THE rate of self-harm hospital admissions in the North-East is almost triple the rate of London, according to new figures.

The statistics, released by the Health and Social Care Information Centre, prompted one leading North-East mental health charity to warn of "a nightmare scenario" facing the region because of a combination of continuing economic stagnation and funding cuts in organisations which could help people who self-harm.

In the 12 months to August 2012, the North East Strategic Health Authority admitted 330 cases of self harm per 100,000 of its population (8,560 admissions in total), compared to 114 cases per 100,000 in London Strategic Health Authority (9,340).

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This is similar to the previous 12 month period, when the North-East admitted 332 cases per 100,000 (8,650) and London admitted 124 admissions per 100,000 (9,670).

Some areas in the region, including Hartlepool, Middlesbrough, Stokcton and North Yorkshire and York, saw self-harm admissions increase while other areas - including County Durham, Darlington and Redcar and Cleveland - saw a small reduction.

Lyn Boyd, chief executive of Mental Health North-East, a charity which works with 300 organisations with an interest in mental health in the region, said: "The rates of self harm in the North-East are totally unacceptable and sadly illustrate that mental health has indeed been a 'Cinderella' service for many years in this region."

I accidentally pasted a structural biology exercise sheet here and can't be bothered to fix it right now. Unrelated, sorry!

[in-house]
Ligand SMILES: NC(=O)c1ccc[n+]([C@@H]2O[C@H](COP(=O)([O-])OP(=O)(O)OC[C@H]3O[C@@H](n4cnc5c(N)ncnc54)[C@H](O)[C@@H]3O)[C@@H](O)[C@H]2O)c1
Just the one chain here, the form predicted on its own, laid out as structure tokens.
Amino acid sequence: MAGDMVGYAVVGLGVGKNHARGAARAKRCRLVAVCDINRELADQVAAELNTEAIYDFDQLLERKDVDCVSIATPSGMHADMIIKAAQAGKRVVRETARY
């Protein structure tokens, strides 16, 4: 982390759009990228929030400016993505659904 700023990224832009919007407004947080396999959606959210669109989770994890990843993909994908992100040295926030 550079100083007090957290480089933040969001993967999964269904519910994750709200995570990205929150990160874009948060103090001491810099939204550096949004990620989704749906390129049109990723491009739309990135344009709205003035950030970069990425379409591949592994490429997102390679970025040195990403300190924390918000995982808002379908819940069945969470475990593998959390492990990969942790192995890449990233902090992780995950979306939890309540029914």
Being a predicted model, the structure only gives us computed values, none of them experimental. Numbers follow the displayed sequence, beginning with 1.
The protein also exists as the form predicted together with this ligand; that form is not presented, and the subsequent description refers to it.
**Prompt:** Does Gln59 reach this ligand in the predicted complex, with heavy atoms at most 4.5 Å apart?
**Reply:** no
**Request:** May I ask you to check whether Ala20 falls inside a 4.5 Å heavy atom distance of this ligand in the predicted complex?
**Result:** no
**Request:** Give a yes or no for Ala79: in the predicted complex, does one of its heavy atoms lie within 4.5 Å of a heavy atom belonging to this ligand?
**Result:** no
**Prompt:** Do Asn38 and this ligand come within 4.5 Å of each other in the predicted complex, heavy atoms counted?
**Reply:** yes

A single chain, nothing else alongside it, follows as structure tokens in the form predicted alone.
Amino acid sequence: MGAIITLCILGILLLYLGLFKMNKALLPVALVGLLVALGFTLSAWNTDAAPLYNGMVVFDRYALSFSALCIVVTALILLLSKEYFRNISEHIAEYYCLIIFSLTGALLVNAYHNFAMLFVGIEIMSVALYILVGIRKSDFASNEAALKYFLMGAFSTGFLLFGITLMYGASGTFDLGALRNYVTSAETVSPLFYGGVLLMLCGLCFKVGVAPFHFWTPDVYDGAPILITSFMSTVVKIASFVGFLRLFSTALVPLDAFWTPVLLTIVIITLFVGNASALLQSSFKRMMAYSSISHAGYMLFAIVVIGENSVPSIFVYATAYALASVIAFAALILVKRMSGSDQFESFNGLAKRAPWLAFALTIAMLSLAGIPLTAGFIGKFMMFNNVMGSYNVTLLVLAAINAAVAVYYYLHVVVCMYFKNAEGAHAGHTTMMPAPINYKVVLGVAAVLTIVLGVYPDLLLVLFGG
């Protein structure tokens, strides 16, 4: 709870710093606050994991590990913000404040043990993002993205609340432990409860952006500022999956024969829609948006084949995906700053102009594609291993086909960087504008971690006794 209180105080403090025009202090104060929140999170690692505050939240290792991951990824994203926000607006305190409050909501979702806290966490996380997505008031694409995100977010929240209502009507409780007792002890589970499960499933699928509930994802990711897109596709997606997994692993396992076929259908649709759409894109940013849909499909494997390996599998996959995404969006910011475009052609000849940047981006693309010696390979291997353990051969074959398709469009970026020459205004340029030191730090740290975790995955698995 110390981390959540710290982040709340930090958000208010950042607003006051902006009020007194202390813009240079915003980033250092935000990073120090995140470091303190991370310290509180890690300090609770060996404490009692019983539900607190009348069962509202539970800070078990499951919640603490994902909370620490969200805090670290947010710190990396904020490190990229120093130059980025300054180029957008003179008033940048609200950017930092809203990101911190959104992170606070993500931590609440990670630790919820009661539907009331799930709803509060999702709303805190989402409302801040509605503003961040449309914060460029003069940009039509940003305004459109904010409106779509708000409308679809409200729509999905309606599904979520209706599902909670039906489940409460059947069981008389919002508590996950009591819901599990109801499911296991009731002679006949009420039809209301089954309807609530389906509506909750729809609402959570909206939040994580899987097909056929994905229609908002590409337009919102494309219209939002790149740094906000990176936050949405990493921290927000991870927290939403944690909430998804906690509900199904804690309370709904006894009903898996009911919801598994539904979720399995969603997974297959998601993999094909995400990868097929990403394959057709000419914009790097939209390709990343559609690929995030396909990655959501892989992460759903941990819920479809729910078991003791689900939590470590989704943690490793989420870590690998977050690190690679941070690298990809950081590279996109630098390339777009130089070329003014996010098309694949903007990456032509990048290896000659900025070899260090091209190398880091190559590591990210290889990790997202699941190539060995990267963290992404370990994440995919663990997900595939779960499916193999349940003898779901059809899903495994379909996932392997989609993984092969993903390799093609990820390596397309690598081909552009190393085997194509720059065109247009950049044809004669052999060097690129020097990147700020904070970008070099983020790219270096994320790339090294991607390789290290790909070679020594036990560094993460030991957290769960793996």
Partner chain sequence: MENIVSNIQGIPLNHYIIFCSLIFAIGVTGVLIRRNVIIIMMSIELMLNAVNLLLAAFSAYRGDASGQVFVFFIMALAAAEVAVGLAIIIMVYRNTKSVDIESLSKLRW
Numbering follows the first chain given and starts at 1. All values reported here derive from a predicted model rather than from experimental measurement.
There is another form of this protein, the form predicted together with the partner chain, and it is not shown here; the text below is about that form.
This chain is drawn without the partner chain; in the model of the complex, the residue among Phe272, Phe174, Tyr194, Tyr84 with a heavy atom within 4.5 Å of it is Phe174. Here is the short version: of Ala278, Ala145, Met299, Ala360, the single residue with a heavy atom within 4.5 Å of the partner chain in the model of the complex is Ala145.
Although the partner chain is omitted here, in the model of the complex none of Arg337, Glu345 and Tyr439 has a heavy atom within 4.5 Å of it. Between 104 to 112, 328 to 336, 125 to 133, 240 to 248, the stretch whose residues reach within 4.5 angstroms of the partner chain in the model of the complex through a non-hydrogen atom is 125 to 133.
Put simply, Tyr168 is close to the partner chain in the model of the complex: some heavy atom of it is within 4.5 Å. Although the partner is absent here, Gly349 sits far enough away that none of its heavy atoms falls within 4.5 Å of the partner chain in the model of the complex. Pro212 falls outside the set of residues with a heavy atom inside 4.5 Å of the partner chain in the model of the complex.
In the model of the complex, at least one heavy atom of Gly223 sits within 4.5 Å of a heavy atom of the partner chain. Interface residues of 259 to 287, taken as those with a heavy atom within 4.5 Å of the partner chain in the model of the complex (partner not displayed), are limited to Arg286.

The statistics, when linked to other statistics in relation to suicide rates, unemployment, benefit changes, low wages and the recent cuts to local authorities and NHS paint a very frightening picture of the North-East today and a nightmare scenerio for the coming years.

Ms Boyd said her charity "has witnessed the loss of vital statutory and voluntary sector services in recent months and warns of many tragedies for to come if action is not taken quickly regarding problems in mental health"

She called for "urgent meetings" between government representatives with relevant organisations in the North-East "if disaster is to be averted".

Nationally, hospitals admitted 110,960 self harm cases in the 12 months to August 2012 - a 0.4 per cent increase on the previous 12 month period (110,490).

Almost nine out of ten admissions were for self-poisoning (89.4 per cent, or 99,200 admissions).

A total of 9,270 admissions were due to "narcotic and hallucinogenic drugs including cocaine, heroin and methadone".

Today's (Friday, December 7) data also shows, considering all 110,960 self harm admissions in the 12 months to August 2012, just under eight per cent (7.6 per cent, or 8,420) were for injuries caused by sharp or blunt objects, three per cent were for injuries caused by other means including hanging, drowning, jumping and firearms and nearly three in five admissions (59.3 per cent, or 65,830) were for women.